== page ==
By Jackie Birmingham, RN, BSN, MS, CMAC
Editor’s note: For more information, see Discharge Planning Guide: Tools for Compliance, Fourth Edition, by Jackie Birmingham, RN, BSN, MS, CMAC. This excerpt originally appeared in Revenue Cycle Advisor, here.
Whether writing a note, completing a flow sheet, or entering information in an electronic record, a discharge planner is capturing data: facts related to actions, reactions, and decisions. For the purposes of this example, a discharge planner is writing the story about the planning that occurs to prepare for a patient’s transition to the next level of care.
Information entered into the medical record describes the final discharge plan for the patient. Organizations implement documentation policies to guide discharge planners regarding what the medical record must include.
The Conditions of Participation (CoPs) require documentation of the assessment or evaluation of a patient’s discharge planning needs. CDI specialists can use the following CoPs (c) Standard (c) to ensure the minimum evaluation topics are documented including
- “Admitting diagnosis or reason for registration;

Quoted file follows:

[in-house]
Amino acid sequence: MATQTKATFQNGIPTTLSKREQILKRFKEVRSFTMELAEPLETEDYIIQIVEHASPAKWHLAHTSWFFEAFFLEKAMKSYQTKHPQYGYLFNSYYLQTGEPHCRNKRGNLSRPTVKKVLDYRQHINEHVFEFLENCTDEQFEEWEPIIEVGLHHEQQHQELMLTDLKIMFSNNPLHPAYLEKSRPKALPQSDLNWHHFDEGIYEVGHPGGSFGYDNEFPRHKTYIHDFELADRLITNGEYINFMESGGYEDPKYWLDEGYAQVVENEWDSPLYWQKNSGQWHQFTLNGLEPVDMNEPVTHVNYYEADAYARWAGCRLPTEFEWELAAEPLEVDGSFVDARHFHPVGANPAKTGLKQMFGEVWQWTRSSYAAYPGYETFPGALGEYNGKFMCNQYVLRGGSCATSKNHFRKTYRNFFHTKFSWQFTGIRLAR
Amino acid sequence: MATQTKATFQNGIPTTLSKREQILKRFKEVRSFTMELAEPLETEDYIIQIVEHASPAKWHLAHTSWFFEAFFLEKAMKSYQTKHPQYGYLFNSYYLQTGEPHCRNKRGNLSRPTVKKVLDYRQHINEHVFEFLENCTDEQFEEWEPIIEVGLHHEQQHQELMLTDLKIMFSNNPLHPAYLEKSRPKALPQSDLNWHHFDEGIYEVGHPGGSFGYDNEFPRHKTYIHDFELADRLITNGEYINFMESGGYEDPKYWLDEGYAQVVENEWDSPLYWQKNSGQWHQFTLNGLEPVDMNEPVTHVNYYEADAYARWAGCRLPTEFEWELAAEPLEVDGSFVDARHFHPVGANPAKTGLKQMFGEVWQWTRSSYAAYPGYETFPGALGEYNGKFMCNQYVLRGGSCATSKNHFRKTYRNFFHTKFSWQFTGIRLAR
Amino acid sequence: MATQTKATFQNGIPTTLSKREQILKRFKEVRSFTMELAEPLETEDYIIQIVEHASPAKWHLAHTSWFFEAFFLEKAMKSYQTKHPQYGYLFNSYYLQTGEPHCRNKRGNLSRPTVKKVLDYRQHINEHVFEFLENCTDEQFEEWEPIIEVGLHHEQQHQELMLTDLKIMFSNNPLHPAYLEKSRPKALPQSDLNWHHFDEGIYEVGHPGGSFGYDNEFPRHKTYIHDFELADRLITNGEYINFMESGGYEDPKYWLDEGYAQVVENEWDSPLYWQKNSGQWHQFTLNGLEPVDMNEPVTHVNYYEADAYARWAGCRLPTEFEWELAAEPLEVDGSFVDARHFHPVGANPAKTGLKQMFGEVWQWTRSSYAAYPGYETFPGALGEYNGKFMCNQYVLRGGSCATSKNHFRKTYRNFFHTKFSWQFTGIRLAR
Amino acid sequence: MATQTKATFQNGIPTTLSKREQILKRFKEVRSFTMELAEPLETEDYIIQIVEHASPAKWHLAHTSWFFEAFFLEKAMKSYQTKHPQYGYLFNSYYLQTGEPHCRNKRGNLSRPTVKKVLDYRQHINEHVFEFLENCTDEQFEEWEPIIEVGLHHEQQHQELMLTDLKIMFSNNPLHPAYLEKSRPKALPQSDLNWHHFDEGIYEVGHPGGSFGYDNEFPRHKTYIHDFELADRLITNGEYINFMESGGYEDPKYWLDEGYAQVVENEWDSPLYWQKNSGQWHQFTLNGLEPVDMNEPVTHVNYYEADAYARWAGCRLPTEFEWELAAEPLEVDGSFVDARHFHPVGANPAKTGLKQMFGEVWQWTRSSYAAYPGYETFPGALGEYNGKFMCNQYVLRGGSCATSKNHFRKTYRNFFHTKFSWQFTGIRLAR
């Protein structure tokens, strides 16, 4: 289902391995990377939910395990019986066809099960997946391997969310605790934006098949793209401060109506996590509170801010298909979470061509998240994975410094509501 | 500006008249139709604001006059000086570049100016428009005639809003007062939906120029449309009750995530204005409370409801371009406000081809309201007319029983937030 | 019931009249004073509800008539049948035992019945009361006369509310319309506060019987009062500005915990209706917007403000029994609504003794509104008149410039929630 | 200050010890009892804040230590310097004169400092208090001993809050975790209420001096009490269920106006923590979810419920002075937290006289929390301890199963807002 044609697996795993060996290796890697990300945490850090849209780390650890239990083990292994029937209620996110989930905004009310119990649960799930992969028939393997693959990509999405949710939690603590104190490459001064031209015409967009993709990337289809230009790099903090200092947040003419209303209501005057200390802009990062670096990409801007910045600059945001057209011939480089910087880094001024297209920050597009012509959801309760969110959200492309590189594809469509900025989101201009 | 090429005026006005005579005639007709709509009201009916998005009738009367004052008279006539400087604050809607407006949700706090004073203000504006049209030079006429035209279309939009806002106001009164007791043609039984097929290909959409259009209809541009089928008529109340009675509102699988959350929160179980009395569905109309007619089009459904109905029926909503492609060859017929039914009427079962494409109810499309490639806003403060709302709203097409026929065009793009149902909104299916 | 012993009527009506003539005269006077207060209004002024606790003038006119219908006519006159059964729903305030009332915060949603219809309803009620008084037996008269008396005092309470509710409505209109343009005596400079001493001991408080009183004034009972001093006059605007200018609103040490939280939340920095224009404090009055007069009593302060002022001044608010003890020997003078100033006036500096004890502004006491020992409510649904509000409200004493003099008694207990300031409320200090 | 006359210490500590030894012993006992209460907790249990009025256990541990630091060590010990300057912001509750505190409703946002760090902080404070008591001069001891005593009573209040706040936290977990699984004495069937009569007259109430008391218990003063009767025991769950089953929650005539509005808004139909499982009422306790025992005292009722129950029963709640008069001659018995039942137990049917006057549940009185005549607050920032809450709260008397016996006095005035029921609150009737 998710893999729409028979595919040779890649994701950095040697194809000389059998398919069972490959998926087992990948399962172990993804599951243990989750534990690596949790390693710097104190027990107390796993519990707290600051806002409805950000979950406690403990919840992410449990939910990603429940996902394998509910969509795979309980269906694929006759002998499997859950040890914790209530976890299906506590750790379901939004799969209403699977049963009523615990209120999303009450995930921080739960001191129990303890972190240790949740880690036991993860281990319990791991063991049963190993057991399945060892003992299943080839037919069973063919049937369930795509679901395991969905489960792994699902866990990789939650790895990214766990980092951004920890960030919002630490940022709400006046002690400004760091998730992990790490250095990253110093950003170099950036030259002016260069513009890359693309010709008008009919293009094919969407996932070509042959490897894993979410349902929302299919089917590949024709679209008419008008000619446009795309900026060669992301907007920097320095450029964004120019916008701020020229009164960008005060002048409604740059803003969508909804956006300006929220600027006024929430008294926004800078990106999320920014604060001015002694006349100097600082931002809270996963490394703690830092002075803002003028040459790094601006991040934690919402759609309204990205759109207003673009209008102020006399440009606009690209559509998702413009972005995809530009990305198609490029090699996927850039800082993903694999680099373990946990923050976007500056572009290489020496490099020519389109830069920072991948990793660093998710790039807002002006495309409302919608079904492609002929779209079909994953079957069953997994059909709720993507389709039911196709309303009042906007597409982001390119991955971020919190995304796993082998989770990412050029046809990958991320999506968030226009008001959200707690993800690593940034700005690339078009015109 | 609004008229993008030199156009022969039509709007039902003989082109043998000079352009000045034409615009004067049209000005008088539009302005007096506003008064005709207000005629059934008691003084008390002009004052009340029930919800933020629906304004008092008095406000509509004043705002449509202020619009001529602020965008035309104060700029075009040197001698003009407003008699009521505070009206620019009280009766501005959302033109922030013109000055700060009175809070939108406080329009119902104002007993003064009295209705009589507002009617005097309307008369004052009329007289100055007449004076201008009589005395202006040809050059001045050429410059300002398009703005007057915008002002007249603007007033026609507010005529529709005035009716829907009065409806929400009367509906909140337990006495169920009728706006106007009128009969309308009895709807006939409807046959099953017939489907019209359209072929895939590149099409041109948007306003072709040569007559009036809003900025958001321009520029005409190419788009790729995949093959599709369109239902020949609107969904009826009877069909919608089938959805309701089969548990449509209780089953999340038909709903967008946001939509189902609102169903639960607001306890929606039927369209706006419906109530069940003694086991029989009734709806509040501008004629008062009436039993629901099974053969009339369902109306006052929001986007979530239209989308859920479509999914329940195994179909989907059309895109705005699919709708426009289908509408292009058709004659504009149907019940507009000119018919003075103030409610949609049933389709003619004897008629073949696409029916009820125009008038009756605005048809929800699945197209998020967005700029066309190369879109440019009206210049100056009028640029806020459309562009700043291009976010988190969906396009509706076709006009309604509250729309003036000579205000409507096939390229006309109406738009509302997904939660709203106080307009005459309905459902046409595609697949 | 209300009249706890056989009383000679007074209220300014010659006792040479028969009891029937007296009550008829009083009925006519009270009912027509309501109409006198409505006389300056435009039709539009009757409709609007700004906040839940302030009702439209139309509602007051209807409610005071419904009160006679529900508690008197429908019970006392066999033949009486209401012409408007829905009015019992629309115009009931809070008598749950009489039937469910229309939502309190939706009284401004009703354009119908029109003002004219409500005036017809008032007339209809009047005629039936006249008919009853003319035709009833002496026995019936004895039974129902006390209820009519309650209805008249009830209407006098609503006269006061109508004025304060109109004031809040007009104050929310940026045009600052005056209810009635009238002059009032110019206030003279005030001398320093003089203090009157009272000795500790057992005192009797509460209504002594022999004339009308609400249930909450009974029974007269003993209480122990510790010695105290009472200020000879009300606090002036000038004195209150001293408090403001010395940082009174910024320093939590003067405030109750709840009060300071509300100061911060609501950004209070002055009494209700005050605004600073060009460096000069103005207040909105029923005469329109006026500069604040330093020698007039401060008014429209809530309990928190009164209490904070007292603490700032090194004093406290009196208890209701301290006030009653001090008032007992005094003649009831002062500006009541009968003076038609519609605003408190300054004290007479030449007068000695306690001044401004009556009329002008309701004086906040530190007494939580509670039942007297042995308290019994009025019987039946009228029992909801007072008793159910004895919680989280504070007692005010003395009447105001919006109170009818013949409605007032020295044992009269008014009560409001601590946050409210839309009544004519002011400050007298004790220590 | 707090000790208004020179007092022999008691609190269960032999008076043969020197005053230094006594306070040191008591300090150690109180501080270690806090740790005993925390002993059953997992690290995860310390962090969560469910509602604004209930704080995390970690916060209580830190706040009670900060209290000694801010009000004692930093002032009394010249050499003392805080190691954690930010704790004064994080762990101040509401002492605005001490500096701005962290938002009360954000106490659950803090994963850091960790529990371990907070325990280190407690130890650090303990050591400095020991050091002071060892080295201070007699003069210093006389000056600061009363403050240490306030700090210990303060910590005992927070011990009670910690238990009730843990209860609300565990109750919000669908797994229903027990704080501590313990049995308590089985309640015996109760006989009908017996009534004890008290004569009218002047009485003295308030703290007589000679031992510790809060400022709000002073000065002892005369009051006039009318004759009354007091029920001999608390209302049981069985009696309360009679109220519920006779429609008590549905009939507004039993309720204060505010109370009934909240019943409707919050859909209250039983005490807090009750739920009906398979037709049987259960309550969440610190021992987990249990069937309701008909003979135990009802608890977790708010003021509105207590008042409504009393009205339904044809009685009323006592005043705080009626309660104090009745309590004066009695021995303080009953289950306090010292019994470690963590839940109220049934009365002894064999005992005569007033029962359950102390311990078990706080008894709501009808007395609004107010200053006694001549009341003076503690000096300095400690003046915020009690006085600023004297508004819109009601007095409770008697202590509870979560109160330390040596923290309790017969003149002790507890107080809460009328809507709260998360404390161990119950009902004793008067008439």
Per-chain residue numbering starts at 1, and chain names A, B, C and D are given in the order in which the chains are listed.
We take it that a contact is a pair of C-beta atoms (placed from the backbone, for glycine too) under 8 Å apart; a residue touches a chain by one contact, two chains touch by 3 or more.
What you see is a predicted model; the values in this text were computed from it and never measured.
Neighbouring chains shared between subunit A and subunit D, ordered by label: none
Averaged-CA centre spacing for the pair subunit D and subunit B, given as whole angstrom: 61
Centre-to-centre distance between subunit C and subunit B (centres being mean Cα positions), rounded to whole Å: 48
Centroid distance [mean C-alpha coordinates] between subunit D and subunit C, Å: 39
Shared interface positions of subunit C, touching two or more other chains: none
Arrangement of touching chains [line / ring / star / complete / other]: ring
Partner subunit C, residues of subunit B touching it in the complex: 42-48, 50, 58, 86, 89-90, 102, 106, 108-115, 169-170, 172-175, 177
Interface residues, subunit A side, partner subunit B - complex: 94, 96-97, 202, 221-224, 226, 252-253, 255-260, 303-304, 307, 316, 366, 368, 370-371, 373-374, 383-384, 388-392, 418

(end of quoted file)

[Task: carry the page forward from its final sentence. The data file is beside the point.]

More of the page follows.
- Relevant comorbidities and past medical and surgical history;
- Anticipated ongoing care needs post-discharge;
- Readmission risk;
- Relevant psychosocial history;
- Communication needs, including language barriers, diminished eyesight and hearing, and self-reported literacy of the patient, patient’s representative or caregiver/support person(s), as applicable;
- Patient’s access to non-health care services and community-based care providers; and
- Patient’s goals and treatment preferences”
The list above reflects the minimum standards. Discharge planners should use this list as a tool to audit a sample of patient charts to determine whether their hospital meets these minimum requirements. After completing an audit, compare the findings to the facility’s documentation policy to determine whether it addresses all necessary elements. Use this activity as an opportunity to identify potential quality improvement initiatives. Although this list aims to aid in assisting in patient discharge needs, CDI specialists can look to these notes to identify additional documentation improvement opportunities or for evidence supporting the need for a physician query. Additionally, CDI specialists should be aware of the wide variety of documentation required throughout the patient’s care, what each documentation requirement’s purpose may be, and the parties responsible for ensuring the accuracy of those documents.